Multimodal texts: Podcast
13 September 2008Add to My Folder
Rated 5/5 from 2 ratings (Write a review)
Give your literacy lesson some multimedia magic with our free digital text and activities
The revised Literacy Framework recommends that multimodal or digital texts are incorporated into literacy teaching, through the use of the internet, digital cameras, sound recording software, presentational software, and so on. The new series by Scholastic, Multimodal Texts, allows you and your class to explore and study these types of media in a safe environment.
The following activity has been taken from Multimodal Texts: Year 2 and uses an online podcast as an example of a digital text.
- Strand 2: Listen to others in class, ask relevant questions and follow instructions.
- Strand 9: Draw on knowledge and experience of texts in deciding and planning what and how to write.
Responding to the text
- The digital text, available below, is a podcast of a children’s art and craft radio show. It is a ‘listen and do’ show. Children can either listen to this alone or with an adult to help them.
- Explain that a podcast is a sound file that can be downloaded from the internet and played on a computer or MP3 player. Ask: What do you think the podcast was about? Have you ever heard anything similar? How could we use this podcast?
- Explain that the podcast is giving instructions about how to make a puppet. Listen again to confirm this. Provide the materials to make the puppets, and ask the children to follow the instructions and make their own. Ask: Can you remember everything you need to do? Suggest replaying the podcast and pausing after each instruction.
- Compare the puppets and evaluate whether the instructions were clear and easy to follow. Ask: Would it be easier to follow written or drawn instructions or a combination of these?
- Read and display the activity sheet, ‘How to make an Aboriginal-style shaker’ (see below). Look at the language and layout features – the statement of purpose, the list of materials needed, the sequential steps, the direct imperative register (bossy ‘do’ words), and the time connectives.
- Encourage the children to work in pairs to highlight the time connectives in one colour and the bossy words in another colour. They can then follow the instructions to make the shaker.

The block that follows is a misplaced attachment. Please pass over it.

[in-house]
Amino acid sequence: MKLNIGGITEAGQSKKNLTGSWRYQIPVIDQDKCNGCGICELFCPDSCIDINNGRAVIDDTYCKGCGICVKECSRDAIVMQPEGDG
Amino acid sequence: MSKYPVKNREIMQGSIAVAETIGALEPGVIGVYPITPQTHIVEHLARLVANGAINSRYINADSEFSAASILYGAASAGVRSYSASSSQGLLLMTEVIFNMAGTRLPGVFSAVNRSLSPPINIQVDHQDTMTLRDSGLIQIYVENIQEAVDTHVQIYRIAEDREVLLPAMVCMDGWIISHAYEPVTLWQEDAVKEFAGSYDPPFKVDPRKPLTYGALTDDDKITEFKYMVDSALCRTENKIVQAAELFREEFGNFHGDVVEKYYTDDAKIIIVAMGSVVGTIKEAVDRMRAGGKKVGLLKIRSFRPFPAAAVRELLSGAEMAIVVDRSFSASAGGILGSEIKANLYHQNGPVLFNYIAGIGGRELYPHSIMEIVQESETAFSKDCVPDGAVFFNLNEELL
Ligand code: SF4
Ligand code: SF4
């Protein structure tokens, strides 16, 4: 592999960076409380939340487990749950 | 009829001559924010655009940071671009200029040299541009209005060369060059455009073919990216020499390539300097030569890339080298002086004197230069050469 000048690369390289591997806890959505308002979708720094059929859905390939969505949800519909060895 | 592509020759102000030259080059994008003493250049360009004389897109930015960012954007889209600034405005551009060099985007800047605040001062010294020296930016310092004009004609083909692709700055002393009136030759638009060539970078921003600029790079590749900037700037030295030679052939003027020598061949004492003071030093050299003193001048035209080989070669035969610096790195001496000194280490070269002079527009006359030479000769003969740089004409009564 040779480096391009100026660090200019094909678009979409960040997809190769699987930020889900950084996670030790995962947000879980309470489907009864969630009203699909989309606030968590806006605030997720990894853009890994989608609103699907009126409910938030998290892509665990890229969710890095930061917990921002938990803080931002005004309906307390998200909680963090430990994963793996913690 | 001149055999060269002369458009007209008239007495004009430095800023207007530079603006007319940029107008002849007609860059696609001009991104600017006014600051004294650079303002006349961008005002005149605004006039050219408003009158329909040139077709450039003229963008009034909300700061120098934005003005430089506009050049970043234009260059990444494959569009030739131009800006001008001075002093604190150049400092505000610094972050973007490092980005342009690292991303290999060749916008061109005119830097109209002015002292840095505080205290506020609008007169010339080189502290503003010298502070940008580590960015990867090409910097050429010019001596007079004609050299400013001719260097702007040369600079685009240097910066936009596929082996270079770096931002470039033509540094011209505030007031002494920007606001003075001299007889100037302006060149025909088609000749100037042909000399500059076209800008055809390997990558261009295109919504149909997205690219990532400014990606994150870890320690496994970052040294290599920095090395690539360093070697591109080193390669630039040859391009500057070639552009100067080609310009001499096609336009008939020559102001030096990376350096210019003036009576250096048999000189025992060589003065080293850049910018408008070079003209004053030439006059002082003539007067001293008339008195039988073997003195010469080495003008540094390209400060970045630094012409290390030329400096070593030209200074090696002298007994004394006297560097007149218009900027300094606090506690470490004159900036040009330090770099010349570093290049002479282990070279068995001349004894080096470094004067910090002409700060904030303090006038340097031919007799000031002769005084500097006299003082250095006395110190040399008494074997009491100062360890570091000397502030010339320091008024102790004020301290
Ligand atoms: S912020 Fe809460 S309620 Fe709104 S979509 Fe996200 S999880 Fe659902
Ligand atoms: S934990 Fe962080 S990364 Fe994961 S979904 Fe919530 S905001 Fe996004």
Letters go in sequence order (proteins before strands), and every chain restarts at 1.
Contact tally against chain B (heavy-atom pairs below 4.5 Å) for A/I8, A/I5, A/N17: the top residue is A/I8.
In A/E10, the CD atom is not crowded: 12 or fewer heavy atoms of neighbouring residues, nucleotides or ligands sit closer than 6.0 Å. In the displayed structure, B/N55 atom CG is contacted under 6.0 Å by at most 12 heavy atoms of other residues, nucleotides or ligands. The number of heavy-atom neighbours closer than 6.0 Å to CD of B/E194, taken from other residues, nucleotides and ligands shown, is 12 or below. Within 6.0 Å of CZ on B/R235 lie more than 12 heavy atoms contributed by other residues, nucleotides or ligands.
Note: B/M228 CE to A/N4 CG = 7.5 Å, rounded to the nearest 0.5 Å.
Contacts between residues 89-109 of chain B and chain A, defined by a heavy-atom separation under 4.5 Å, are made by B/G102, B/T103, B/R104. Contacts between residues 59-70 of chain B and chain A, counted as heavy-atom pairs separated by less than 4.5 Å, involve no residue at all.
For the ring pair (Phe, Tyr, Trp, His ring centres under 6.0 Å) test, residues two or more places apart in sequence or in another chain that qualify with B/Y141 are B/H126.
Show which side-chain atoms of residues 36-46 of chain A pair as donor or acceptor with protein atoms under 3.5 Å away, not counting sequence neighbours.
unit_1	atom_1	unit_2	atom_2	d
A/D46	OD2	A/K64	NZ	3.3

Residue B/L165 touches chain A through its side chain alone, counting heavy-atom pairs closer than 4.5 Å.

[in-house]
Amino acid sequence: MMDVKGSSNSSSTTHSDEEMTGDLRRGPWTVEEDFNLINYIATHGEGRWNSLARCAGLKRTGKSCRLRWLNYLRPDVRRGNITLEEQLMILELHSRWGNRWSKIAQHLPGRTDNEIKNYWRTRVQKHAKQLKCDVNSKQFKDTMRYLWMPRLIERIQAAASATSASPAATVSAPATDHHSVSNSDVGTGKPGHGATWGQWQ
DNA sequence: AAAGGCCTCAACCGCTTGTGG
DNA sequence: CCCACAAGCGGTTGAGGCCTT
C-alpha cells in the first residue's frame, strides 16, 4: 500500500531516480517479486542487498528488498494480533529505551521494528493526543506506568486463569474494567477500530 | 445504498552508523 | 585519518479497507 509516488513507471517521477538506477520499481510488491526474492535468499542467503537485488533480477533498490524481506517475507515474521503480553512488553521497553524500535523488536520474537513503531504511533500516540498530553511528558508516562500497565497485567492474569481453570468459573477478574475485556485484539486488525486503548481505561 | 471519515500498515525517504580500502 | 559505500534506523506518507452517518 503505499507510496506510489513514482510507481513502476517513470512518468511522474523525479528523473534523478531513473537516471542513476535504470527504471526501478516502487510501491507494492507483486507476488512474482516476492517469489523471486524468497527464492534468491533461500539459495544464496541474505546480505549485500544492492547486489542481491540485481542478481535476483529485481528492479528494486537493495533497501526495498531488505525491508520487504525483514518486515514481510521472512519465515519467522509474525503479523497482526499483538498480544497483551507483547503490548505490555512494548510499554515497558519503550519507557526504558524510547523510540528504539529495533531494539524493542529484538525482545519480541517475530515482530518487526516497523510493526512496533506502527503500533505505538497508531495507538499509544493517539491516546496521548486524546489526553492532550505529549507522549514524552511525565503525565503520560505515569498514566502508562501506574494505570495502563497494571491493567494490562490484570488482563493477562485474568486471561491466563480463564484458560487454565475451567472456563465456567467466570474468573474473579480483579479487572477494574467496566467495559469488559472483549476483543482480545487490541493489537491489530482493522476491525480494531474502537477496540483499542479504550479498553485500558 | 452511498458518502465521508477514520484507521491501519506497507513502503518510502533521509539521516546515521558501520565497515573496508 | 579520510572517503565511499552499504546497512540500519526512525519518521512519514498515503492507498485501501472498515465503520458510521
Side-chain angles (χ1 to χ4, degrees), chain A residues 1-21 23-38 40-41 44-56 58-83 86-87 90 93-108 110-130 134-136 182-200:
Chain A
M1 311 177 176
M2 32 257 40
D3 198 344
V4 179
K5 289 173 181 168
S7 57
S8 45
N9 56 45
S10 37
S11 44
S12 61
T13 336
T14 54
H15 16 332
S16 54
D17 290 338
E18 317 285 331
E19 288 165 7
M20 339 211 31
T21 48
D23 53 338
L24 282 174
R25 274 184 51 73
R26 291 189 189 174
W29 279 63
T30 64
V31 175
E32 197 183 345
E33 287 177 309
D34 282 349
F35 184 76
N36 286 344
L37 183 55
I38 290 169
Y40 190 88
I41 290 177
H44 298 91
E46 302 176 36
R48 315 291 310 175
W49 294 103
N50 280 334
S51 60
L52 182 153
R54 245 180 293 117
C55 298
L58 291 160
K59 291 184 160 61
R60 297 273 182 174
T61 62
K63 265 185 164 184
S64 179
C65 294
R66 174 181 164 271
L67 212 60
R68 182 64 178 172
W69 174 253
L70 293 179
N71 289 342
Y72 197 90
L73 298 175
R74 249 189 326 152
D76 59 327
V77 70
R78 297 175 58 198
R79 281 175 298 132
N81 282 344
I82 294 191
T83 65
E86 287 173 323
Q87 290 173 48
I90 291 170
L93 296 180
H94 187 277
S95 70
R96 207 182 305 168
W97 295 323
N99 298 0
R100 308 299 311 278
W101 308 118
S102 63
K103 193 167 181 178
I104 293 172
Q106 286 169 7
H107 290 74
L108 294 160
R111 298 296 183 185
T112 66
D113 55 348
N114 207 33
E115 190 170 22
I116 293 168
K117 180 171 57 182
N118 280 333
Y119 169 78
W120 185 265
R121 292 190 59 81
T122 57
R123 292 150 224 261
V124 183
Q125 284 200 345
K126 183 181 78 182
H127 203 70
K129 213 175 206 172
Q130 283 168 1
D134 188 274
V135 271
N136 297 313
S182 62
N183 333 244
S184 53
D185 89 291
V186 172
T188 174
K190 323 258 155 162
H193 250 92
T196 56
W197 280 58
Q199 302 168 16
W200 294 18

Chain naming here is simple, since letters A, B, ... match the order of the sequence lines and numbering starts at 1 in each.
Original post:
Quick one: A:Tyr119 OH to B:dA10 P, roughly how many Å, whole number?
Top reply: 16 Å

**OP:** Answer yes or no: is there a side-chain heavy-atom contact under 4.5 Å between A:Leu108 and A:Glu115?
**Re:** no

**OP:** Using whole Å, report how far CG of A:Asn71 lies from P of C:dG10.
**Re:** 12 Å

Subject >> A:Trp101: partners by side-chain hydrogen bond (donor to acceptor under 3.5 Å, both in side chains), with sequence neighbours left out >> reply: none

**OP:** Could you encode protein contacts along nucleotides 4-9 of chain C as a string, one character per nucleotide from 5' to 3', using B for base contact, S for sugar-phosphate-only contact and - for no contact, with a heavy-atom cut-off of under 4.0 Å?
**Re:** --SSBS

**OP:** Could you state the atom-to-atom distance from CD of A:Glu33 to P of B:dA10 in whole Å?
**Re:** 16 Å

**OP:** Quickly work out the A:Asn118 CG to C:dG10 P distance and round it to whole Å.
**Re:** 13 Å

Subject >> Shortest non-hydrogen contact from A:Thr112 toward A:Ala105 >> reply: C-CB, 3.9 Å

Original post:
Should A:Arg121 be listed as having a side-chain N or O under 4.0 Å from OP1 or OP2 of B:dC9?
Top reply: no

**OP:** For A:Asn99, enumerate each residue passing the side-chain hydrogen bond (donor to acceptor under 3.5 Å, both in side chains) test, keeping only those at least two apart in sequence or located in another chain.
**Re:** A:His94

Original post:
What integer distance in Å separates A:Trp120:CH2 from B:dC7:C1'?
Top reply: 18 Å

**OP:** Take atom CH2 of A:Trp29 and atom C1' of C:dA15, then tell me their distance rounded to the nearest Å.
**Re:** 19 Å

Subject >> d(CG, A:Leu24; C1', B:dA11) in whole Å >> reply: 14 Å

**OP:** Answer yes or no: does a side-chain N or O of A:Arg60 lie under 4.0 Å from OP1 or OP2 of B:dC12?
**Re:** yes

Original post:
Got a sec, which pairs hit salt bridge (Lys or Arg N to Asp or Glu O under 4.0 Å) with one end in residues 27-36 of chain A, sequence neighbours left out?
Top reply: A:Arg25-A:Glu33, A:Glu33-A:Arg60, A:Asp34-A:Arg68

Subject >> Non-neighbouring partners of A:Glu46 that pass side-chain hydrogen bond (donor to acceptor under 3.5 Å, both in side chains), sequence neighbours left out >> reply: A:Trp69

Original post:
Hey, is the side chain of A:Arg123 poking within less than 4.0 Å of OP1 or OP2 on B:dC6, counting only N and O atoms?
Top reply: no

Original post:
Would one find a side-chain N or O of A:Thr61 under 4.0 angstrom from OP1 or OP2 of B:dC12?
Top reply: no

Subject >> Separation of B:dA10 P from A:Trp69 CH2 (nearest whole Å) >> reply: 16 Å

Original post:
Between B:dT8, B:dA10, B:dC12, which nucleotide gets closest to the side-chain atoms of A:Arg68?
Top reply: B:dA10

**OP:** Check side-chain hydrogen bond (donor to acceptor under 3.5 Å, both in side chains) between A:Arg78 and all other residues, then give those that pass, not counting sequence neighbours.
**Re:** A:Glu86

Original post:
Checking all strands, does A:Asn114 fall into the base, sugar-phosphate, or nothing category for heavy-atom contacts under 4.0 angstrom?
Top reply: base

Go digital with Multimodal Texts
This activity and linking digital resource was taken from the new Multimodal Texts series published by Scholastic. There are six books available – one for each year group from Year 1 to Year 6 – and each book comes with a CD-ROM containing 14 age-appropriate mixed-media texts.
For more information visit the Scholastic teachers’ shop and type ‘multimodal’ into the search box.
- Create a word bank of time connectives with the class for them to refer to, and display these prominently in the classroom.
- If possible, ask another adult to demonstrate how to make a card for an appropriate celebration such as Christmas, Hanukkah, Eid or Divali. Include steps that involve sticking pieces on or cutting pieces out, instead of completing a simple drawing. Ask the class to give a simple instruction for each step after its completion, and model how to write this. Take a photograph of the completed card to include in the written instructions.
- Ask the children to work individually to create a card of their own design for the same celebration.
- Encourage individuals to use their own experience to word process a set of instructions for how to make a card, considering language and layout features. Ensure they know how to use the return key to start a new line and how to use the bold and underline buttons for headings. Demonstrate how to use a spell checker if appropriate.
- To make the text multimodal, add a sound recording of each child reading their instructions and a photograph of their finished card to the word-processed page.
Exclusive ChildEd PLUS reader offer!
We have ten sets of Year 1 and Year 2 Multimodal Texts to give away. To enter, simply visit our giveaways page, or send your name and address to: ChildEd PLUS Multimodal Texts giveaway, Scholastic Ltd, Villiers House, Clarendon Avenue, Leamington Spa CV32 5PR by 30/11/08.
Ask the children to create a simple model from a construction kit. Help them to record an instruction onto a tape each time they complete a step. Give the rest of the class access to the tape recording and construction kit, and see if they can follow the instructions given.
Ask the children to work in pairs, one giving and the other receiving instructions to make something. Observe their work and assess. Can the children follow simple oral instructions? Can they give a simple instruction using appropriate language?
Next month: studying video